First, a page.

Nier: Automata, the hit 2017 action-RPG directed by Yoko Taro and developed by Square Enix and PlatinumGames, is getting an anime adaptation.
Announced Wednesday by Square Enix during the game’s fifth anniversary livestream, the animated television series will adapt the story of 2B, 9S, and A2; three combat androids in the year 11945 AD pitted in an unrelenting war against extraterrestrial machines for the fate of humanity and whose lives are irrevocably transformed through the discovery of a terrible secret.
The announcement featured a brief teaser trailer accompanied by key art featuring a katana-wielding 2B alongside her flying robot assistant Pod 042.
Everything that lives is designed to end.— Aniplex of America (@aniplexUSA) February 23, 2022
We are perpetually trapped in a never-ending spiral of life and death.
The smash hit action RPG from @SquareEnix, NieR:Automata announces an anime adaptation! pic.twitter.com/SFNw35J5xk
While it is unclear at this time who will direct the adaptation, how many episodes the anime will be, and when the anime is slated to premiere, it appears that Aniplex, the production company behind anime such as Fullmetal Alchemist, Demon Slayer: Kimetsu no Yaiba, and The Promised Neverland is involved with the project.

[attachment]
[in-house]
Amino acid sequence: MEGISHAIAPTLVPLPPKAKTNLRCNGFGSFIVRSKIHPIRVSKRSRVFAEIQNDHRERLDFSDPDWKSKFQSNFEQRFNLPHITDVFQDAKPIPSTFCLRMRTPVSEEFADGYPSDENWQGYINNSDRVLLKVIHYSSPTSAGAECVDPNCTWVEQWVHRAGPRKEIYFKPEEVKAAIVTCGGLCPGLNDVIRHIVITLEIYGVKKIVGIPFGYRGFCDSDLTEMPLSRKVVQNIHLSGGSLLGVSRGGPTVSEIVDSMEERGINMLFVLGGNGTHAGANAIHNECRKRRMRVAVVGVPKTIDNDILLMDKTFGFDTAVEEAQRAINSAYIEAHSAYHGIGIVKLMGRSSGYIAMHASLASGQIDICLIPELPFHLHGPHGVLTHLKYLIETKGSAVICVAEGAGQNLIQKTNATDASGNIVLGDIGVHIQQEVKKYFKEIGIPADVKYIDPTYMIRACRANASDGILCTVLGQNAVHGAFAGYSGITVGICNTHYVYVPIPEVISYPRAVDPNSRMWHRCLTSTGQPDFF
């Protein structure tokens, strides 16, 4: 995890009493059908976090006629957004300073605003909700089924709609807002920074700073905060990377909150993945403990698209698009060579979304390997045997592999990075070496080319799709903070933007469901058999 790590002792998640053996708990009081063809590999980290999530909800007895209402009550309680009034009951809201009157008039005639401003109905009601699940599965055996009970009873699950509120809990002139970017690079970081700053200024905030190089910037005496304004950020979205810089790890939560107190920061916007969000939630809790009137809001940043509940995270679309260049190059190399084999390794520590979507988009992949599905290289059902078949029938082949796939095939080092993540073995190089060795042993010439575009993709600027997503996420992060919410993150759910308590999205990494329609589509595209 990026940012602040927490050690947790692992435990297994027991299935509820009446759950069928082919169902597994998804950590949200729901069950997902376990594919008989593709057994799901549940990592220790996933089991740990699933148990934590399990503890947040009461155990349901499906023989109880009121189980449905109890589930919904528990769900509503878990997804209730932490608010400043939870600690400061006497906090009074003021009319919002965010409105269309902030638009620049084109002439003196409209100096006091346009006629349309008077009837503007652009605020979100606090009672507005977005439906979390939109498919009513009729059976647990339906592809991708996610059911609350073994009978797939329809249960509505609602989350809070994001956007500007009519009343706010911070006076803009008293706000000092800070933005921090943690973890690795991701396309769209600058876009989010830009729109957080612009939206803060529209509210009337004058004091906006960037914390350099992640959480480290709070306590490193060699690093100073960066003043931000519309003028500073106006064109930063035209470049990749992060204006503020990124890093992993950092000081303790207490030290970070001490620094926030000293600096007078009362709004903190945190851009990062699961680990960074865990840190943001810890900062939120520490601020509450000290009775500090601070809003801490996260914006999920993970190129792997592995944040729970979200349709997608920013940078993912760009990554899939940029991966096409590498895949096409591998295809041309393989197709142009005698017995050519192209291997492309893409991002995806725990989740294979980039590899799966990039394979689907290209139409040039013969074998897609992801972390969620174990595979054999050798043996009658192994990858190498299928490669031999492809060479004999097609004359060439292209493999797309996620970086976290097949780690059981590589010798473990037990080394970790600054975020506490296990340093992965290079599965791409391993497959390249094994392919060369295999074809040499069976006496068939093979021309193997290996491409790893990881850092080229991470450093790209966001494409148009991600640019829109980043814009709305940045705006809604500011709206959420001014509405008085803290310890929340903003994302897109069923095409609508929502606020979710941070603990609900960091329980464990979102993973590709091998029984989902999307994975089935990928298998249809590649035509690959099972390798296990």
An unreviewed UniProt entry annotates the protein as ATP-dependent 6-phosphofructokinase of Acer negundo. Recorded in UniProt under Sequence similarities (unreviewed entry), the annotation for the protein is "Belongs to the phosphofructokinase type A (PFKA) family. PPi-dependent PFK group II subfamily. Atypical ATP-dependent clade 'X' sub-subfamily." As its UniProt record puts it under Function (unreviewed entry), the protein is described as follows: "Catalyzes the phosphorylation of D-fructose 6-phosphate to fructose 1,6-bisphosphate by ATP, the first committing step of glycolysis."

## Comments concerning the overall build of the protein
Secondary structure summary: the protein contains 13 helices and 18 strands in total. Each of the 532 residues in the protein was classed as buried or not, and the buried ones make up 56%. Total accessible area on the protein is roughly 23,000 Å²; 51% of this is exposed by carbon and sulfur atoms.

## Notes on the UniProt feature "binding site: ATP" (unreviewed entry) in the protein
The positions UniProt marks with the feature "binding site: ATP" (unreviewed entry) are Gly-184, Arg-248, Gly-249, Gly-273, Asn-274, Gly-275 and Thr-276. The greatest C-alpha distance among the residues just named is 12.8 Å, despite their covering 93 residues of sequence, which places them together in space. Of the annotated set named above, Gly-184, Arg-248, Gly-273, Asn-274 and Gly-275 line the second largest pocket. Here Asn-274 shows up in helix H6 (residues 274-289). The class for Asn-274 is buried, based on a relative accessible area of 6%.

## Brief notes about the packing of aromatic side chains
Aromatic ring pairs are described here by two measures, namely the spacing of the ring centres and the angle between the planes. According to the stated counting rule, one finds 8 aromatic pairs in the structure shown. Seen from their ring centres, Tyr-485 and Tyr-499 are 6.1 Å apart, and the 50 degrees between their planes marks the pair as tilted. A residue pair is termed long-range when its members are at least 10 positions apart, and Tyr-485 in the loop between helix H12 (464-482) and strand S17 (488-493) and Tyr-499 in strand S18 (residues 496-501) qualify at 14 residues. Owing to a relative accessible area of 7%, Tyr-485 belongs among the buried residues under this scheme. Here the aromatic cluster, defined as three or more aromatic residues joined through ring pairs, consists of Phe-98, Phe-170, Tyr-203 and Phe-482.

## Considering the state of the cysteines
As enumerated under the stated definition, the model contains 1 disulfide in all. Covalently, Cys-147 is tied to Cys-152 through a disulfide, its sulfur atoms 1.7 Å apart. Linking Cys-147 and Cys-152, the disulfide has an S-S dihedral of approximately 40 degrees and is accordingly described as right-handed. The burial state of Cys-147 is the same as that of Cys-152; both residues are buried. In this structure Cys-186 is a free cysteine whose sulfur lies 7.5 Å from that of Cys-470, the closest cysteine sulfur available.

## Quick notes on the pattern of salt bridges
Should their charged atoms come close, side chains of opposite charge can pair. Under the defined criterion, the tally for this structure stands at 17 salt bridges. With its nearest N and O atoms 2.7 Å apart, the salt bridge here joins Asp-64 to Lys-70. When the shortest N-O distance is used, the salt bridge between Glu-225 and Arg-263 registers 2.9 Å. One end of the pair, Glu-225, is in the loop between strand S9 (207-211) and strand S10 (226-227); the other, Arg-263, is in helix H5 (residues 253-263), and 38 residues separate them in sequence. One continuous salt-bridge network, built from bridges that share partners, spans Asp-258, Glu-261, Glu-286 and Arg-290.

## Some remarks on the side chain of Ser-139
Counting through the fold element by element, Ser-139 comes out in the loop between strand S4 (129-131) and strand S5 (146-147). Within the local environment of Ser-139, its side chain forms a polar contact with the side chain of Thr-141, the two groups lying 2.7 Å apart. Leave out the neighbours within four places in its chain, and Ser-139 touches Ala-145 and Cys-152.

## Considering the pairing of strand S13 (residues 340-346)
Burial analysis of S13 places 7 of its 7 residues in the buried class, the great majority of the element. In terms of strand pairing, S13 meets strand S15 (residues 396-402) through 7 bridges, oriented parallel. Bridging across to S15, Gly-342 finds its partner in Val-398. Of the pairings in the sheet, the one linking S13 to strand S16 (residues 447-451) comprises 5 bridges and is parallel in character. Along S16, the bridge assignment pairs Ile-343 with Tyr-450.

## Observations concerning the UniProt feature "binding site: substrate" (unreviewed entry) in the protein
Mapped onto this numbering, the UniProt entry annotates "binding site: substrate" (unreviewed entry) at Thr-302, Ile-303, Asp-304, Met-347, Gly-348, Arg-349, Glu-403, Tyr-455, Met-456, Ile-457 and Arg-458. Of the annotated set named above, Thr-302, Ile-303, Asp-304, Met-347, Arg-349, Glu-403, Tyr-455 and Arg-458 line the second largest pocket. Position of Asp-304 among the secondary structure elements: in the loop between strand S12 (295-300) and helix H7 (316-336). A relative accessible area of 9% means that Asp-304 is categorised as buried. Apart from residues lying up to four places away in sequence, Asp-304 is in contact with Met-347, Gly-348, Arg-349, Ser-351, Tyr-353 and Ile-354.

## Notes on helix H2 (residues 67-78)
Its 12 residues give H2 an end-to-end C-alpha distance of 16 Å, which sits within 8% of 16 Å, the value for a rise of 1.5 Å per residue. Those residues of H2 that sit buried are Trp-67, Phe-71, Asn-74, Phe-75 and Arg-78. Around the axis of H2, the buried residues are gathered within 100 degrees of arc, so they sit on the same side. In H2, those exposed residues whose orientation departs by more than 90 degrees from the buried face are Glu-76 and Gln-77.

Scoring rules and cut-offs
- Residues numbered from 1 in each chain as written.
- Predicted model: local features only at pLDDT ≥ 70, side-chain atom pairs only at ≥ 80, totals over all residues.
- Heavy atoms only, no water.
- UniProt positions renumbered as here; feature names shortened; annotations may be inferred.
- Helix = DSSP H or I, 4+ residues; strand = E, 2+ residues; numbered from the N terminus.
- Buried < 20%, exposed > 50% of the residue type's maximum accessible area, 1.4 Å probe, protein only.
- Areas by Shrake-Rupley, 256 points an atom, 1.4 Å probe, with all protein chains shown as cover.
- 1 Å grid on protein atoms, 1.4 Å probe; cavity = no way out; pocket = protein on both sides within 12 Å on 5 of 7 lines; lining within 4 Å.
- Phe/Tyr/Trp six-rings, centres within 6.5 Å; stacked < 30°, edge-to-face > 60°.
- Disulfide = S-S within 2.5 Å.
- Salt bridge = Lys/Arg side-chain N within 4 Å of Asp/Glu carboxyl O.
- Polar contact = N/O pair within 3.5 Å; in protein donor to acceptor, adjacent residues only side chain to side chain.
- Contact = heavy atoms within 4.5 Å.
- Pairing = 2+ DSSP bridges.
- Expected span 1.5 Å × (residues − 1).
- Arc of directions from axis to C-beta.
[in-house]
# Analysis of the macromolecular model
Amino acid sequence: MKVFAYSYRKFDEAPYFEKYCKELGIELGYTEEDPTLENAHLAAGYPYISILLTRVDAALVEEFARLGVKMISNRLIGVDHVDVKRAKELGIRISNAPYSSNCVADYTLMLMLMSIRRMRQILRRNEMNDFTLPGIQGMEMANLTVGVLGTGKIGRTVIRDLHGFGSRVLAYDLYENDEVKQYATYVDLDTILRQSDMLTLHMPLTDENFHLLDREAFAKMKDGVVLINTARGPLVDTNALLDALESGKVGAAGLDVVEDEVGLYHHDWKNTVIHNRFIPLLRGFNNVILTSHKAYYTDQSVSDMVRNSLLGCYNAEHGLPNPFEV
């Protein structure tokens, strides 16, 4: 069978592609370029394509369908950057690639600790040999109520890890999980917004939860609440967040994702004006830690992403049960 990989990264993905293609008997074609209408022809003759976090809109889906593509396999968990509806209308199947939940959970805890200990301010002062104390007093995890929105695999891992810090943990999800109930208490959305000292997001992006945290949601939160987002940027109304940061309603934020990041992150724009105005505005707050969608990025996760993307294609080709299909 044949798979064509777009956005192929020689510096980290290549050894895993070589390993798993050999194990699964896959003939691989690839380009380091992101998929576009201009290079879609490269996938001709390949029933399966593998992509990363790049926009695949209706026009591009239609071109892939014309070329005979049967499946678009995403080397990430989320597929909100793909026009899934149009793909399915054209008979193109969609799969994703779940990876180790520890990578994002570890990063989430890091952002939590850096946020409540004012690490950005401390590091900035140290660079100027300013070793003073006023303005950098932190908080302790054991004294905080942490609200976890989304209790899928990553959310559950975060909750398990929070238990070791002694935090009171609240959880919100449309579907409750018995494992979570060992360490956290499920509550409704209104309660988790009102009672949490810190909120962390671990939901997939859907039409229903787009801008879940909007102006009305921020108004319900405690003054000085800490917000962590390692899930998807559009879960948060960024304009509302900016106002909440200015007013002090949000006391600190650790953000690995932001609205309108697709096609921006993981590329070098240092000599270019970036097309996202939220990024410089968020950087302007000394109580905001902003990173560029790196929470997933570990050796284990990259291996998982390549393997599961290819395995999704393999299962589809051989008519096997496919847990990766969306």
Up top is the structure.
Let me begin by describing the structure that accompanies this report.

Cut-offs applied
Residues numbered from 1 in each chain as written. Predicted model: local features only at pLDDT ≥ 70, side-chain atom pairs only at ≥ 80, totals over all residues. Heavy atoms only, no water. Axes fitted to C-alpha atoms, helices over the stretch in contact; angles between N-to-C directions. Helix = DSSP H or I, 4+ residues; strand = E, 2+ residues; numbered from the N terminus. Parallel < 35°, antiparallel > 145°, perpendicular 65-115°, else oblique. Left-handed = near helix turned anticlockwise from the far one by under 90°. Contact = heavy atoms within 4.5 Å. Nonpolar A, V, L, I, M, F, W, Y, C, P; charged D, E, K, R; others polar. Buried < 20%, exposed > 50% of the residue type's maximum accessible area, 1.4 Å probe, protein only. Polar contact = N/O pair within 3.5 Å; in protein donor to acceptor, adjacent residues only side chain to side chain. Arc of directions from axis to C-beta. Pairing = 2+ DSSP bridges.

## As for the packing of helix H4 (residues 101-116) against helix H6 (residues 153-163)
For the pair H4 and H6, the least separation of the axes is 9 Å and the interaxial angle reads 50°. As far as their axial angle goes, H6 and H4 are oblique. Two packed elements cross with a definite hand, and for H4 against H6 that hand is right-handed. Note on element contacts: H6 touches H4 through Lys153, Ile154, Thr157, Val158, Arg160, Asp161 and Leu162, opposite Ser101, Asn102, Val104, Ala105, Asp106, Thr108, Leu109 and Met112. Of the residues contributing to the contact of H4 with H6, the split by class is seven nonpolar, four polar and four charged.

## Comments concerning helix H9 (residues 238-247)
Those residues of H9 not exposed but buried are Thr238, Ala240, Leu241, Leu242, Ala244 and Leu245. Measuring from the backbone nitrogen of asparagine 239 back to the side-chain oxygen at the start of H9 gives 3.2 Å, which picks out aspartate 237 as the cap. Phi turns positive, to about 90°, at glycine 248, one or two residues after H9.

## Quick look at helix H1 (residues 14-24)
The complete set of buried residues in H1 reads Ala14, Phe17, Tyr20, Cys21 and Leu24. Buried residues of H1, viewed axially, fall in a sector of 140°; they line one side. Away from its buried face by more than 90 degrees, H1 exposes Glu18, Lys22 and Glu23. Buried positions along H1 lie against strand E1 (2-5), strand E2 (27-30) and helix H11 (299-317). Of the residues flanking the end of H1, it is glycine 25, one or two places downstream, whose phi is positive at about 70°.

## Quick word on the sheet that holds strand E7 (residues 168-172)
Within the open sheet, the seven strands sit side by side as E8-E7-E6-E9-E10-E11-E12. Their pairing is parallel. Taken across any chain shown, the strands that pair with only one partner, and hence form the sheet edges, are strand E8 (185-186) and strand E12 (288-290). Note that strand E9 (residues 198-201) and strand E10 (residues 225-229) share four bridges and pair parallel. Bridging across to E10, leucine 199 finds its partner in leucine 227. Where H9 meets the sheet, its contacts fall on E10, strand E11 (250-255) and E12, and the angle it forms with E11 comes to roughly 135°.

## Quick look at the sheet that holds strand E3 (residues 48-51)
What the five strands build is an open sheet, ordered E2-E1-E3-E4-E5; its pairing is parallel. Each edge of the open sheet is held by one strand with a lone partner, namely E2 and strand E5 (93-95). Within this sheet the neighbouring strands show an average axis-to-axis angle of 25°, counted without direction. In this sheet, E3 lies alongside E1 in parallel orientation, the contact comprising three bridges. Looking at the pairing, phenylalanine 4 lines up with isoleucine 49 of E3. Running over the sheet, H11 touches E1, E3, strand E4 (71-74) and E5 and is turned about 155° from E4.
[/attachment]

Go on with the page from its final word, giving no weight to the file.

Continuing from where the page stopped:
Apart from its balletic swordplay, bullet-hell shooting, and leather-clad androids, Nier: Automata (much like its 2010 predecessor) is known for its fourth wall-breaking narrative structure and multiple branching endings. How this new anime will iterate on this defining quality of the original game, if at all, is currently unknown. Perhaps the anime will take inspiration from director Yoko Taro’s penchant for mischief and devote an entire arc to reanimating the same events over and over again with minor (albeit consequential) differences, à la 2006’s The Melancholy of Haruhi Suzumiya?
In our review for the game, Janine Hawkins in 2017 described Nier: Automata as “a game that’s more than willing to make players feel small, both physically conceptually,” and a game that “demands and rewards patience with its antics.”